The most sedentary people are 82% more likely to die from cancer, compared to those who are more active.
Better to walk than to stay on your couch. The health benefits of sport are numerous. Scientists at the MD Anderson Cancer Center at the University of Texas) (USA, may even have a protective effect. In their research, they find that physical activity can reduce the risk of death from Cancer.
A study over several years
“This is the first study to show a strong link between staying put and dying from cancer,” said Susan Gilchrist, lead researcher. With his team, they drew on data from more than 8,000 Americans, aged over 45, and collected between 2003 and 2007. None of them had cancer at the start of the study. All of them wore a hip accelerometer for seven days. The device measures the level of physical activity of the person wearing it.
Better to move a little rather than being completely sedentary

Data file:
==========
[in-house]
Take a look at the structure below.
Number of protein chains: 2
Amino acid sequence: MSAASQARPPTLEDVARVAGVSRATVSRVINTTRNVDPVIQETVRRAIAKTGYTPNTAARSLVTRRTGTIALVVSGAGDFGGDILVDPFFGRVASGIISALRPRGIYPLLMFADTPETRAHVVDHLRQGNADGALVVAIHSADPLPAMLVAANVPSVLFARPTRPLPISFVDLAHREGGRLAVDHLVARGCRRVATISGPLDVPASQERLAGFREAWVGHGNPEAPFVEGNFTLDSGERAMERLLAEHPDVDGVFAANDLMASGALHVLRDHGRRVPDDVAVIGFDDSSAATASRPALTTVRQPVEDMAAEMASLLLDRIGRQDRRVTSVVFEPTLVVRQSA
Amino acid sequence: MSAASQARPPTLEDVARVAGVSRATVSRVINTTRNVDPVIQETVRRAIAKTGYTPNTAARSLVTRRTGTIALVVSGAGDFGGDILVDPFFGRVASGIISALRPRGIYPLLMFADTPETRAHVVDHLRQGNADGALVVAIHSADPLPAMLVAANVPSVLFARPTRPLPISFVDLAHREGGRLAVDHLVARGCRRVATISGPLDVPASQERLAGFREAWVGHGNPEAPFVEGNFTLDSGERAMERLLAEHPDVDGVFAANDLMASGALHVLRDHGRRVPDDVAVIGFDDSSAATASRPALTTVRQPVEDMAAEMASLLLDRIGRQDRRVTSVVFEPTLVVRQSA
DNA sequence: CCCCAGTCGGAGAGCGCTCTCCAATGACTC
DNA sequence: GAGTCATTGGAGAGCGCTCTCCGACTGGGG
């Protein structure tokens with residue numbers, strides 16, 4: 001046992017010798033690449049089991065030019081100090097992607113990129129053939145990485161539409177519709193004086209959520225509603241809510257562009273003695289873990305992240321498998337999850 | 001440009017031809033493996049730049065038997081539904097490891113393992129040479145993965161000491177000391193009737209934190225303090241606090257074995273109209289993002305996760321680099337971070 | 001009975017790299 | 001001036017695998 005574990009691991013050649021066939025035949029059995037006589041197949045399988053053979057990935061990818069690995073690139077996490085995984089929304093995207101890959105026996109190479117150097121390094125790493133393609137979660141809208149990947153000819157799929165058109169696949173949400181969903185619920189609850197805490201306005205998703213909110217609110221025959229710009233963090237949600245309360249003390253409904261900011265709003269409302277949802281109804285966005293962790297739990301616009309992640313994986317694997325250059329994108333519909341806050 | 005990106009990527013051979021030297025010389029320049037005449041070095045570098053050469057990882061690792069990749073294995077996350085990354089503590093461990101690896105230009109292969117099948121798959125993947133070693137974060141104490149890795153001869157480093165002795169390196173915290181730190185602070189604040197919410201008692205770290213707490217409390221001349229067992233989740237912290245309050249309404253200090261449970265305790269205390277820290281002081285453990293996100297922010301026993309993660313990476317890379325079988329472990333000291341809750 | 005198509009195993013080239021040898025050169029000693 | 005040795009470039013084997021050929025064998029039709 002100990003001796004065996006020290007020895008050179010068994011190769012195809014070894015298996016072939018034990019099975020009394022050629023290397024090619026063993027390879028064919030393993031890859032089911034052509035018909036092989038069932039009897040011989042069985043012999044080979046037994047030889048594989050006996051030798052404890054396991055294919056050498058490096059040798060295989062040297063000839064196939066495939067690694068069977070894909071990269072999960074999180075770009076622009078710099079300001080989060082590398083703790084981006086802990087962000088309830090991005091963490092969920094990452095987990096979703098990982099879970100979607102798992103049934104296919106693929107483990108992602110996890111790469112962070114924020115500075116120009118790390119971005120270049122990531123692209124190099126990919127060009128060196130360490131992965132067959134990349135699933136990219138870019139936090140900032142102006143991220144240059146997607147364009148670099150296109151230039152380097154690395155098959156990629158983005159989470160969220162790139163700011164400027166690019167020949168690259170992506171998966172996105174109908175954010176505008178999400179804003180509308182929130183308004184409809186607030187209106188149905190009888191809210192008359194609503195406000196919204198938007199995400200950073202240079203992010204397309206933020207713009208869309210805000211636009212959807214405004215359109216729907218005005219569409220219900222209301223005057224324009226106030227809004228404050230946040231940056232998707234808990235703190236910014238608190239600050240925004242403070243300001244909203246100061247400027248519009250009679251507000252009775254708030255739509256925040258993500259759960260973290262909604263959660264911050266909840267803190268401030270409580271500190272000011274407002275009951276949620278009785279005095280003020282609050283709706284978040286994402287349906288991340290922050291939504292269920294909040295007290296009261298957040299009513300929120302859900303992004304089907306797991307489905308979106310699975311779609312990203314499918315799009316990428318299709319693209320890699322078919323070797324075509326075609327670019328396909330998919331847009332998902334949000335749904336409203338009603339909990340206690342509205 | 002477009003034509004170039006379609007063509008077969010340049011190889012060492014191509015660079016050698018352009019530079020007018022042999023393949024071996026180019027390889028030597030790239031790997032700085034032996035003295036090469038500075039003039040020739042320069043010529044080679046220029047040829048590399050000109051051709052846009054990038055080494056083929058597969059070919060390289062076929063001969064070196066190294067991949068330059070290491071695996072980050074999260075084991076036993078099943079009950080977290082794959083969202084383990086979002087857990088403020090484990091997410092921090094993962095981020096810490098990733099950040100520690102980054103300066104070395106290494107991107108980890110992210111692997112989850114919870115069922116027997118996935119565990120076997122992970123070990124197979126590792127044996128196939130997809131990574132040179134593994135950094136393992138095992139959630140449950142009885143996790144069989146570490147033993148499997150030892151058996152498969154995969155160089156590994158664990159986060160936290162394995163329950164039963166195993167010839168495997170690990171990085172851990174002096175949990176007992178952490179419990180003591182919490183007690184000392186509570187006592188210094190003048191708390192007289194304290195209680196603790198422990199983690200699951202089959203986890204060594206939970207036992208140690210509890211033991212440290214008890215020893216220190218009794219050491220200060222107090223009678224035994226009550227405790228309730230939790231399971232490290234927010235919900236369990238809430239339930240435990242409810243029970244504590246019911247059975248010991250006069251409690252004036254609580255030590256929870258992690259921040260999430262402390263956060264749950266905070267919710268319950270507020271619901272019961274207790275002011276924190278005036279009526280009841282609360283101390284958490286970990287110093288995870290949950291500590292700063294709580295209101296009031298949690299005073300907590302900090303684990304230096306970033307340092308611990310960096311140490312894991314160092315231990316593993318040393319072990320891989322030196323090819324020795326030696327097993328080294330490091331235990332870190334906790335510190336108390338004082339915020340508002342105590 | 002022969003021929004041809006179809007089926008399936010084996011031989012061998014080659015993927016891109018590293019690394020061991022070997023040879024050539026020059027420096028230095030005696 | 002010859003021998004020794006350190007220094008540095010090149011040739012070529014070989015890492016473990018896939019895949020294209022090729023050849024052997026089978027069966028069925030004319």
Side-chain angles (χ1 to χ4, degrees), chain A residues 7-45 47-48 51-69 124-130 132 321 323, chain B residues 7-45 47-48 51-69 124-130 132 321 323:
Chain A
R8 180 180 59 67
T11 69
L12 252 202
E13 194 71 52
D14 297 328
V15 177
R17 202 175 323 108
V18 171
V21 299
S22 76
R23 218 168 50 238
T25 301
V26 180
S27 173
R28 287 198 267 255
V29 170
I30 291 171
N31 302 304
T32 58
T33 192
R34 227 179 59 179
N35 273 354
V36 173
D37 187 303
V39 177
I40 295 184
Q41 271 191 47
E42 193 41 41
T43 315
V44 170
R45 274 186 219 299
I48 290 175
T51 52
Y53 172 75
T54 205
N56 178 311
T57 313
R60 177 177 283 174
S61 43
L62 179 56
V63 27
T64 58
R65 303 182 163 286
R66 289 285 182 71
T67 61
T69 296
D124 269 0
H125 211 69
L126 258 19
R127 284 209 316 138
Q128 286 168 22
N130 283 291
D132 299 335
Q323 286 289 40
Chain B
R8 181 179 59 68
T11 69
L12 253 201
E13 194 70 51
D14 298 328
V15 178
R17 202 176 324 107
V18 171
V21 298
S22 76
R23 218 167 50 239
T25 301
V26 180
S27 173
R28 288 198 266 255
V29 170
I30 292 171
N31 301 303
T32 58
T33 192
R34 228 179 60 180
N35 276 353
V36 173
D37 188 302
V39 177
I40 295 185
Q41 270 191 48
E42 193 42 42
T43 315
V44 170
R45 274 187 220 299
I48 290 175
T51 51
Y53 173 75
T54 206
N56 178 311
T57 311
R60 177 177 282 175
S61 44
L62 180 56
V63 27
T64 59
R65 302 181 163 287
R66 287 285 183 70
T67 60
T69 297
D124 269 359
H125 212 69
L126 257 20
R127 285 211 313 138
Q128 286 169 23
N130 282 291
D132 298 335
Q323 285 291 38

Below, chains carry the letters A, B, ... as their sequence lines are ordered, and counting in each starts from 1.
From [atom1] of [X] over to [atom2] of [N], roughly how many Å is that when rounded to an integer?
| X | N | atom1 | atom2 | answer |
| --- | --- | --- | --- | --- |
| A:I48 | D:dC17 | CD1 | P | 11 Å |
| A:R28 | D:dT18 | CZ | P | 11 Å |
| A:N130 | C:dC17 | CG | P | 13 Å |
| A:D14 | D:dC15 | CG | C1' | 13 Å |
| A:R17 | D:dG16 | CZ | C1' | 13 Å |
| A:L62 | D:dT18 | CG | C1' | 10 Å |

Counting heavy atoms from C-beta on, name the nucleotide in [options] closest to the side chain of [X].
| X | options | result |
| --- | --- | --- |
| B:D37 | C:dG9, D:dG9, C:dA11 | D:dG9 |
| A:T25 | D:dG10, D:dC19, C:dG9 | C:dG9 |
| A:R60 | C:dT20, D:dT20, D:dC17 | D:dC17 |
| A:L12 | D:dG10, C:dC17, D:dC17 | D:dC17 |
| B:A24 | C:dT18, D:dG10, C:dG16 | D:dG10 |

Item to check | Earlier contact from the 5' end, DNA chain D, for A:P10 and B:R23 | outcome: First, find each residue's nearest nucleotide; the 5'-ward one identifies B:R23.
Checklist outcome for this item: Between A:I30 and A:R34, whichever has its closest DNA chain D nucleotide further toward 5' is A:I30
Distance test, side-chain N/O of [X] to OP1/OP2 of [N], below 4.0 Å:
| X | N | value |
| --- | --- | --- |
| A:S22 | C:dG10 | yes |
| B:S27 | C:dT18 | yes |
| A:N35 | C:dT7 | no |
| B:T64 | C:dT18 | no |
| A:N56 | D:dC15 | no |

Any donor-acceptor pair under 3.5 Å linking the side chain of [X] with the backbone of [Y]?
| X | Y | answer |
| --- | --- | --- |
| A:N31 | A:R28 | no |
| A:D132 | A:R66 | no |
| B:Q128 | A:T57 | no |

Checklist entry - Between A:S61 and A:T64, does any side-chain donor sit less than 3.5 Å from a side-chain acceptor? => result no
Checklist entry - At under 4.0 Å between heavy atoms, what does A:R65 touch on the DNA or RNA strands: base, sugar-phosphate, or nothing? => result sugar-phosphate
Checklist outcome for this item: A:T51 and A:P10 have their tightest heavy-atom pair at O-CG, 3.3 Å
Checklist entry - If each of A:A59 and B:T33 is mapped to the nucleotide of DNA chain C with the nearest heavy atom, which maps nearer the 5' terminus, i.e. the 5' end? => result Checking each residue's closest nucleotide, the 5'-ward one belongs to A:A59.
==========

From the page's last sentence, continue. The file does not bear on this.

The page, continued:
Of the total participants, 268 people died from cancer. Analysis of physical activity data shows that the more active people are, the less likely they are to die from cancer. “Our findings indicate that the amount of time spent sitting before the diagnosis of cancer affects the risk of death.” They estimate that replacing 30 minutes of sedentary lifestyles, such as sitting for a moment, with physical activity reduces the risk of death from cancer by 31% when it is a moderate to intense activity such as cycling, and 8% for light activity such as walking. “I tell my patients to get up 5 minutes an hour at work or take the stairs instead of the elevator,” says Susan Gilchrist. This may not seem like enough, but this study shows us that even light physical activity has positive effects.” She recommends incorporating 30 minutes of physical activity a day into her daily life to reduce the risk of death from cancer.
Differentiate physical activity and physical inactivity
Other studies have looked at the links between cancer and physical activity. In 2014, research published in the Journal of the National Cancer Institute showed that a sedentary lifestyle increased the risk of developing cancer. Researchers estimate that “sedentary behavior” is associated with a 24% higher risk of colon cancer, 32% of the endometrium and 21% of the lung. “It is not enough to just be active; it is also important to sit less,” said study author Graham Colditz. If you play sports regularly but sit all day, try to walk a little more: during your lunch break, when you get home or when you get up regularly when you are at work.